Epilepsy Personal Assistant Device—A Mobile Platform for Brain State, Dense Behavioral and Physiology Tracking and Controlling Adaptive Stimulation

Tal Pal Attia, Daniel Crepeau, Vaclav Kremen, Mona Nasseri, Hari Guragain, Steven W. Steele, Vladimir Sladky, Petr Nejedly, Filip Mivalt, Jeffrey A. Herron, Squire Matthew Stead, Timothy Denison, Gregory A. Worrell, Benjamin H. Brinkmann

Research output: Contribution to journalArticlepeer-review

Abstract

Epilepsy is one of the most common neurological disorders, and it affects almost 1% of the population worldwide. Many people living with epilepsy continue to have seizures despite anti-epileptic medication therapy, surgical treatments, and neuromodulation therapy. The unpredictability of seizures is one of the most disabling aspects of epilepsy. Furthermore, epilepsy is associated with sleep, cognitive, and psychiatric comorbidities, which significantly impact the quality of life. Seizure predictions could potentially be used to adjust neuromodulation therapy to prevent the onset of a seizure and empower patients to avoid sensitive activities during high-risk periods. Long-term objective data is needed to provide a clearer view of brain electrical activity and an objective measure of the efficacy of therapeutic measures for optimal epilepsy care. While neuromodulation devices offer the potential for acquiring long-term data, available devices provide very little information regarding brain activity and therapy effectiveness. Also, seizure diaries kept by patients or caregivers are subjective and have been shown to be unreliable, in particular for patients with memory-impairing seizures. This paper describes the design, architecture, and development of the Mayo Epilepsy Personal Assistant Device (EPAD). The EPAD has bi-directional connectivity to the implanted investigational Medtronic Summit RC+STM device to implement intracranial EEG and physiological monitoring, processing, and control of the overall system and wearable devices streaming physiological time-series signals. In order to mitigate risk and comply with regulatory requirements, we developed a Quality Management System (QMS) to define the development process of the EPAD system, including Risk Analysis, Verification, Validation, and protocol mitigations. Extensive verification and validation testing were performed on thirteen canines and benchtop systems. The system is now under a first-in-human trial as part of the US FDA Investigational Device Exemption given in 2018 to study modulated responsive and predictive stimulation using the Mayo EPAD system and investigational Medtronic Summit RC+STM in ten patients with non-resectable dominant or bilateral mesial temporal lobe epilepsy. The EPAD system coupled with an implanted device capable of EEG telemetry represents a next-generation solution to optimizing neuromodulation therapy.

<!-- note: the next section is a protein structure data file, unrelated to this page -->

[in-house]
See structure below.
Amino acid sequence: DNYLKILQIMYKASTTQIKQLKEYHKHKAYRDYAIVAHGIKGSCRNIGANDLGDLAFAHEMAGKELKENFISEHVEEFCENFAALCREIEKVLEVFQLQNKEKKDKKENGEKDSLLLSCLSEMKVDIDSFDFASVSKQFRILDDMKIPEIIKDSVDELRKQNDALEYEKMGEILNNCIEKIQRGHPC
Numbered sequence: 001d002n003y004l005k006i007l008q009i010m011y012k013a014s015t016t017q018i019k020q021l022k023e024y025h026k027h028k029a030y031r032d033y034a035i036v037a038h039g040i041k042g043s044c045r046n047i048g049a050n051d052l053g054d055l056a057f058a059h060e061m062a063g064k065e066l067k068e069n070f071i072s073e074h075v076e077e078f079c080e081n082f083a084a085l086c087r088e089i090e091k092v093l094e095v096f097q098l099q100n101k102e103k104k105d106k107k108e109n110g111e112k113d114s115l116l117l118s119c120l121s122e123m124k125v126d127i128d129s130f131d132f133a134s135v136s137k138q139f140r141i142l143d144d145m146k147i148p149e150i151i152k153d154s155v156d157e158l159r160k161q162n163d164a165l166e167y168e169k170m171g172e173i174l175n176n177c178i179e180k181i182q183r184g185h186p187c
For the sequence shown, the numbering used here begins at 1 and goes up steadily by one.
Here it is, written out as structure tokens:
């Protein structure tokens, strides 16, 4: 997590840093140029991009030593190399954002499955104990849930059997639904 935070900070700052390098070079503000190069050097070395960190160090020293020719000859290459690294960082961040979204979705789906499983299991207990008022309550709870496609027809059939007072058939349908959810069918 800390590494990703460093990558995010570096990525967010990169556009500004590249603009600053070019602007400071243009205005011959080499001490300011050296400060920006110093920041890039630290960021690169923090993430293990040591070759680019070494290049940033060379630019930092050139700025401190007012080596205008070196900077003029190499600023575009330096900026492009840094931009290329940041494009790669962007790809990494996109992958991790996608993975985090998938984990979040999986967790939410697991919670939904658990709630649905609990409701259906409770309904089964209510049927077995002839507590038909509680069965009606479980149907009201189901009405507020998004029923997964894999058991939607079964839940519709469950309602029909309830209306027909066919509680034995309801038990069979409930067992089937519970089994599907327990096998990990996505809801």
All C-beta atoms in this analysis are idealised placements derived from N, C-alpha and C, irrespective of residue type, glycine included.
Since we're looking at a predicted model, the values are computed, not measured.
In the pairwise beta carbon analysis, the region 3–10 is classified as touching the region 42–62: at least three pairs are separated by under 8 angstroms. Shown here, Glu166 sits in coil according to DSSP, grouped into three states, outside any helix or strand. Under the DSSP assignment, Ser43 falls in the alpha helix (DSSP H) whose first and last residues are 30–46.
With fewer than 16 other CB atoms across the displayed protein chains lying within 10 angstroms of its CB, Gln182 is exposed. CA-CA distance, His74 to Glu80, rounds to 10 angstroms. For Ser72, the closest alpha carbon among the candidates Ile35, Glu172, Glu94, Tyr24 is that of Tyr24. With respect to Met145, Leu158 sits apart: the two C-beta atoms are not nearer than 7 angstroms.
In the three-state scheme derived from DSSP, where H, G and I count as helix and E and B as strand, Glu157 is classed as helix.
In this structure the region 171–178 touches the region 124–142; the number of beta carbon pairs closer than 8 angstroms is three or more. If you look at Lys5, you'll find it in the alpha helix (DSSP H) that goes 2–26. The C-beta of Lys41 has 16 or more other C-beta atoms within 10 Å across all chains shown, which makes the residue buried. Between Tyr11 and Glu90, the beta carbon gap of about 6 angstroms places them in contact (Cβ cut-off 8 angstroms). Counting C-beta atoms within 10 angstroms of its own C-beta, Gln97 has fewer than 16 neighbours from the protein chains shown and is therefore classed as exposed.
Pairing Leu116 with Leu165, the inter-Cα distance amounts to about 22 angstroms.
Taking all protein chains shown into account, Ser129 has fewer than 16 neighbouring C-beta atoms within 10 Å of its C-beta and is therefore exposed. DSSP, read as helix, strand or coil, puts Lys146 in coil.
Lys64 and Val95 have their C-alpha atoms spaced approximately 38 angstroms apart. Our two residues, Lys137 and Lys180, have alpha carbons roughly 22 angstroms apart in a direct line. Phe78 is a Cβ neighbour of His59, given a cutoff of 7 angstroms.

Original languageEnglish (US)
Article number704170
JournalFrontiers in Neurology
Volume12
DOIs
StatePublished - Jul 29 2021

Keywords

  • deep brain stimulation
  • epilepsy
  • implantable devices
  • neuromodulation
  • seizure detection
  • seizure prediction
  • wearables

ASJC Scopus subject areas

  • Neurology
  • Clinical Neurology

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